Comparison with previously reported reaction rates of DNA self-

In document Non Equilibrium Dynamics of DNA Nanotubes (Page 107-109)

6. Single molecule analysis of DNA nanotube polymerization

6.4. Discussion

6.4.3. Comparison with previously reported reaction rates of DNA self-

Inferred association rate constant

In section 6.3.2, we measured kon to be (5.99±0.15) ×105 /M/sec for the polymerization

model. In kTAM, the inferred association rate constant for a single DNA tile binding to an available site at the end of a DNA nanotube ksiteon was expected to be ≈ 2×kon =

2×(5.99±0.15)×105/M/sec. The inferredksiteon fell within the same order of magnitude as the previously reported forward rate measurements involving DNA hybridization [QW89,

GT81,WF91,MS93], and from numerical analysis of tile-based DNA self-assembly [ZW09]. Quartin and Wetmur [QW89] showed that the association reaction of a simple interaction between two short DNA strands is diffusion limited and determinedkon to be on the order

of 6×105/M/sec. From a series of DNA toehold exchange experiments, Zhang and Winfree obtained the range of forward rate to be (1−6)×106 /M/sec [ZW09].

The most comparable analysis of DNA self-assembly to the DNA nanotube polymeriza- tion reported here, is the kinetic Monte Carlo simulation of DNA ribbon growth done by Chen et al [CSGW07]. However, their kinetic parameter measurement was indirect. To obtain agreement between their AFM observation of assembly data and their simulations, Chen et al chose the forward rate ksiteon to be 17×106 /M/sec, which is 14× faster than our measurement. Given the sensitivity of their simulation results to the two adjustable parameters, namelykonsiteand the free energy of sticky-end interaction ∆G◦, it is likely that their inference ofksiteon value had significant uncertainty, which was not explicitly stated in the manuscript. In two separate works with different types of DNA ribbon, Schulman and Winfree [SW07] as well as Fujibayashi and Murata [FM09] used 106 /M/sec as the typical association rate constant in their analysis and found the number reasonable.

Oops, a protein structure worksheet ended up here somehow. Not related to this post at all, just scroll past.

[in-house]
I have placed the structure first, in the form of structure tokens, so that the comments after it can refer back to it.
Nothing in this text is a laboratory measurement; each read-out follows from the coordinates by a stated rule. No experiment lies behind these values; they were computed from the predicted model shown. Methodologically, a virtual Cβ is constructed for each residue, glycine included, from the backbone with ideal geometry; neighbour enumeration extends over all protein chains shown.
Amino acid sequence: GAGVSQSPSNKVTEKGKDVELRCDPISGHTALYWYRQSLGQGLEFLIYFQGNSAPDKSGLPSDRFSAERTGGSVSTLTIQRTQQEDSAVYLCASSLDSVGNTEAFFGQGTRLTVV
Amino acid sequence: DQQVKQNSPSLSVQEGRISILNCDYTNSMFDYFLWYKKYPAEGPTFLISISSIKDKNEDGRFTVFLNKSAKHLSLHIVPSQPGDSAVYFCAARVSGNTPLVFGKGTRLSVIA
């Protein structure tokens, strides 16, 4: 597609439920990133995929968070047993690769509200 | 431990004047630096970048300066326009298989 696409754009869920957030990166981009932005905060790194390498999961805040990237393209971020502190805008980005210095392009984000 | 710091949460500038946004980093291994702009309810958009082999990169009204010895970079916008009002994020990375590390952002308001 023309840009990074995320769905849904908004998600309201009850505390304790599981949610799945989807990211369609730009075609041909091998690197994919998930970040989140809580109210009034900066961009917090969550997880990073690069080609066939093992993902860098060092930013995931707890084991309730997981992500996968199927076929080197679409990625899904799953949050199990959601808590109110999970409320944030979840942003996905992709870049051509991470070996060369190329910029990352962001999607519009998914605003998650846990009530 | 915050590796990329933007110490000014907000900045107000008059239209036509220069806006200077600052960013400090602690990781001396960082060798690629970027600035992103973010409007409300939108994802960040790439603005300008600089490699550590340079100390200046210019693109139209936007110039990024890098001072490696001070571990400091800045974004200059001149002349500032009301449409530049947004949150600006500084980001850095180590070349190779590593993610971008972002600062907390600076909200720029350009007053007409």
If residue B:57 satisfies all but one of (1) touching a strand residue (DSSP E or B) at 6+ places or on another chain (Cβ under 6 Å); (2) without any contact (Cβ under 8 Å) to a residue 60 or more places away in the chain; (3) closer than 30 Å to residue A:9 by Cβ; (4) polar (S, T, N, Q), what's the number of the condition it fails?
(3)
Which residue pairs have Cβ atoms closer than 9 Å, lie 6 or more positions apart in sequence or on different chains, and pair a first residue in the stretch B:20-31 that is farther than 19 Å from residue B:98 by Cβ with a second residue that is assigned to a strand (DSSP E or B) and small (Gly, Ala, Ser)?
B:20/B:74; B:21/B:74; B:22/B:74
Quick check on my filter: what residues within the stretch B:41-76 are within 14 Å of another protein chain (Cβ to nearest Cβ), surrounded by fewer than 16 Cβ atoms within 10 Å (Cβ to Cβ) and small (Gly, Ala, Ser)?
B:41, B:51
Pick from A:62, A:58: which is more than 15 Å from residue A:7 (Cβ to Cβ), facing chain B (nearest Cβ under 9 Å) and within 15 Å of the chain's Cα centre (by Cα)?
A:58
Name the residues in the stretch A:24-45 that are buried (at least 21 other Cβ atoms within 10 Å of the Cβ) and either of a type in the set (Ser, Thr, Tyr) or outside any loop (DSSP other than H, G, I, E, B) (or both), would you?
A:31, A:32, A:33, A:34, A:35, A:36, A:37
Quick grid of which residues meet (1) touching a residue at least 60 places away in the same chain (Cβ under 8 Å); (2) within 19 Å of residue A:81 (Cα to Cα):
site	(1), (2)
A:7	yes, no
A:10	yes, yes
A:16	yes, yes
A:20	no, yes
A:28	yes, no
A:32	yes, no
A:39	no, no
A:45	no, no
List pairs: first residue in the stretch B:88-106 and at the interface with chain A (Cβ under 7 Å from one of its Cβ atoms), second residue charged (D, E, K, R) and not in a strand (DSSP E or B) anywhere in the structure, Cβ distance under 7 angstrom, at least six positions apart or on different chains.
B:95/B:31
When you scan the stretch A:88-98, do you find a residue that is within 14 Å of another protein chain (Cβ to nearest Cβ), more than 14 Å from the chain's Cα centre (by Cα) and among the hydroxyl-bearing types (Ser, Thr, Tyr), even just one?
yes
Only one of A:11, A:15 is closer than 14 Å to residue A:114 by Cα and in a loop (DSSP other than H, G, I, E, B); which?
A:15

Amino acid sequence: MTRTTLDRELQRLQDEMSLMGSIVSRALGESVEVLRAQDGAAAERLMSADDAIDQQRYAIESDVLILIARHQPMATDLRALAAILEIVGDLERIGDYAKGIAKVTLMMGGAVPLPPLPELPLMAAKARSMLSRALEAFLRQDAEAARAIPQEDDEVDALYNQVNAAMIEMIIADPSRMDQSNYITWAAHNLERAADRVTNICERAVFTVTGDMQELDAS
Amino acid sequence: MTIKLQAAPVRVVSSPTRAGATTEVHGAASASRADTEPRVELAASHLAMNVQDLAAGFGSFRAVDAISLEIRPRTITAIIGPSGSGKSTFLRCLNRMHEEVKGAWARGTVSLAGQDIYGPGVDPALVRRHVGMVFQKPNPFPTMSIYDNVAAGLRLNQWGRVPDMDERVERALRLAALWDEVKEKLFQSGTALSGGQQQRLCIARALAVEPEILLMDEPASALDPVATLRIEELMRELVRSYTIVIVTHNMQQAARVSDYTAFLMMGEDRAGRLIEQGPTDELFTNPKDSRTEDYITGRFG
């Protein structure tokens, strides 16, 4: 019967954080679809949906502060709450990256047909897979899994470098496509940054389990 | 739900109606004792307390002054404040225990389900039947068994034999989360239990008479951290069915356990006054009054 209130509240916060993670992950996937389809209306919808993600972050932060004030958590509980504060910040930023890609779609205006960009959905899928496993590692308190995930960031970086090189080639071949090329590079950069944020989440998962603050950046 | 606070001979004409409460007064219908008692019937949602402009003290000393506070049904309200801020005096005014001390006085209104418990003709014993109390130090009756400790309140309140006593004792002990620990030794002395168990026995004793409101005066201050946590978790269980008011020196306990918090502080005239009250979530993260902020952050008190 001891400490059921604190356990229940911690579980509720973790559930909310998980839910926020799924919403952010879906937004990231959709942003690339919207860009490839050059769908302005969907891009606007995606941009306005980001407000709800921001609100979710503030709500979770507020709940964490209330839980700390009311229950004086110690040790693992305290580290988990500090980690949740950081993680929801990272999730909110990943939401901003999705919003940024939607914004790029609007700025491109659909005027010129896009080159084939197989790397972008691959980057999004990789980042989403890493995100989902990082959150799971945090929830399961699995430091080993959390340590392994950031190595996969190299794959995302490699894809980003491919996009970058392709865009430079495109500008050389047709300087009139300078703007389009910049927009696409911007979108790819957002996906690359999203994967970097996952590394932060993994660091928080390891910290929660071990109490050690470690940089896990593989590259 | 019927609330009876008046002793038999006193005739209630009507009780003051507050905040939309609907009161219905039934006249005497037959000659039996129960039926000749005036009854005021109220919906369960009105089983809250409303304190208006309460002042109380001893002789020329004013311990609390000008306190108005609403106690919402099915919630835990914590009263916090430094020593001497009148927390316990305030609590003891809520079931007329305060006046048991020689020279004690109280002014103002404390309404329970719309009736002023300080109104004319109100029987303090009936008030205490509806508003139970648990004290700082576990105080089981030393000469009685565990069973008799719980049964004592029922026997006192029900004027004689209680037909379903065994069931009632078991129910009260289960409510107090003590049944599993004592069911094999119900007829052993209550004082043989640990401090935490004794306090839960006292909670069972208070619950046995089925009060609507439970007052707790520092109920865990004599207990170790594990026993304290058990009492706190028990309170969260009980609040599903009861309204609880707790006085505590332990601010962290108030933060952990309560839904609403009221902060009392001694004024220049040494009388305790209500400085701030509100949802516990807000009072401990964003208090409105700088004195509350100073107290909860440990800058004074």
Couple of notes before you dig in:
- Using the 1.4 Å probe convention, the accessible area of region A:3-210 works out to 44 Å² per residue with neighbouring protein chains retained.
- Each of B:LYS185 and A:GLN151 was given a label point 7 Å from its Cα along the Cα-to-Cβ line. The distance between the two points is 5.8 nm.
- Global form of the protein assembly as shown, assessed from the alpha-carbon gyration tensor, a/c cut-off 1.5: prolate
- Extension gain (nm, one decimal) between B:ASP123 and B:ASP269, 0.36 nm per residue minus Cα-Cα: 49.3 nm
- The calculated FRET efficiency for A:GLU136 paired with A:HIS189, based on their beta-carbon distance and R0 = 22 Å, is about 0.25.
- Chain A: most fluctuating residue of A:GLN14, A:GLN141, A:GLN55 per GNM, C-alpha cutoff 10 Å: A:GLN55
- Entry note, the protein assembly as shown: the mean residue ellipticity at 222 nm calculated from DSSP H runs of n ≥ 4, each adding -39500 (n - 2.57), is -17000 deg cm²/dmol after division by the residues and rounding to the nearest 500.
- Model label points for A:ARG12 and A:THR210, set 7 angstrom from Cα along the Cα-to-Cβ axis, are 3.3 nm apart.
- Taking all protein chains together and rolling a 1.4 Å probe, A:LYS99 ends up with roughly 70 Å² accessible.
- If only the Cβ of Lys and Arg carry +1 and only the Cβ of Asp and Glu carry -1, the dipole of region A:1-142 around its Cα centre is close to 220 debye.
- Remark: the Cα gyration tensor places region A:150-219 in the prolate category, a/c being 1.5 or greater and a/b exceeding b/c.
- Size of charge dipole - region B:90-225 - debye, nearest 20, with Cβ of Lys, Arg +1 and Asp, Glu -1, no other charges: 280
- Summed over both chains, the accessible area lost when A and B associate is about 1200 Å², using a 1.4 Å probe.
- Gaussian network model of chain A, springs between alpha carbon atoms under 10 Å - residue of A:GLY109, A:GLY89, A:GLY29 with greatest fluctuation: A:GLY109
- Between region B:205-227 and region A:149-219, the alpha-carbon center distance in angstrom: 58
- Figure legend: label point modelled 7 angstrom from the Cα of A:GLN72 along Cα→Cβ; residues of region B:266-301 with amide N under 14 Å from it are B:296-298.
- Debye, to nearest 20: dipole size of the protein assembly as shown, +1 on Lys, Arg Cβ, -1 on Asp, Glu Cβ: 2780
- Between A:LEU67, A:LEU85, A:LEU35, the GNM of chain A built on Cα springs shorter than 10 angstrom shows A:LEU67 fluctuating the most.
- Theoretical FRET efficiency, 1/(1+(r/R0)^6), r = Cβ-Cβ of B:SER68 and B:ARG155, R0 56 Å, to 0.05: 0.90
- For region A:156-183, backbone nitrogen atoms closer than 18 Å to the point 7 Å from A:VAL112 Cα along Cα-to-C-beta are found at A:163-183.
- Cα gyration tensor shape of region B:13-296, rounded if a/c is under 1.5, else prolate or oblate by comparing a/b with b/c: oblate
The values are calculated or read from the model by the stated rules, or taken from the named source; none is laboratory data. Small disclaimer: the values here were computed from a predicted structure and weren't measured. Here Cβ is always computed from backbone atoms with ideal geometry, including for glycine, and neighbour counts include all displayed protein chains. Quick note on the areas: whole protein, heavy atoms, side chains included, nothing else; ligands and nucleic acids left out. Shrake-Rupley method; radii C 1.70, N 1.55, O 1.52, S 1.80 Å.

Thermodynamic parameters

To evaluate the inferred thermodynamic parameters of our measurement, we compared the enthalpy and entropy values to theoretical predictions and to values from previously reported studies of the free energy of DNA hybridization. Both inferred enthalpy and entropy values are very close to the theoretical estimates used in the original presentation of the kTAM paper [Win98]. In that framework, the expected enthalpy of disassembly was calculated to be ∆H◦ =R×sb×(4000 K), where s is the number of base pairs in a

sticky end andb is the number of sticky end bonds. For b=2, s=6, the simple expression yielded the value of ∆H◦ = 95 kcal/mol, which is within 10% of our measurement of ∆H◦ = 87.9±2.0 kcal/mol. For the entropy, using the kTAM, α=ln(20) [Win98], the theoretical value was predicted to be ∆S◦ = R×(11sb+α) = 0.268 kcal/mol/K, which is within 10% of the measured ∆S◦ = 0.251±0.006 kcal/mol/K in our experiment. Finally, our inferred values of ∆H◦’s and ∆S◦’s, we calculated the standard free energy of two sticky end interactions at 37 ◦C to be ∆G37C = ∆H◦ −T37◦CS◦ = 12.2 kcal/mol and 9.5 kcal/mol for the values based on kTAM and our experiment, respectively. The ∆G37C from kTAM is within 30% difference from our measured ∆G37C.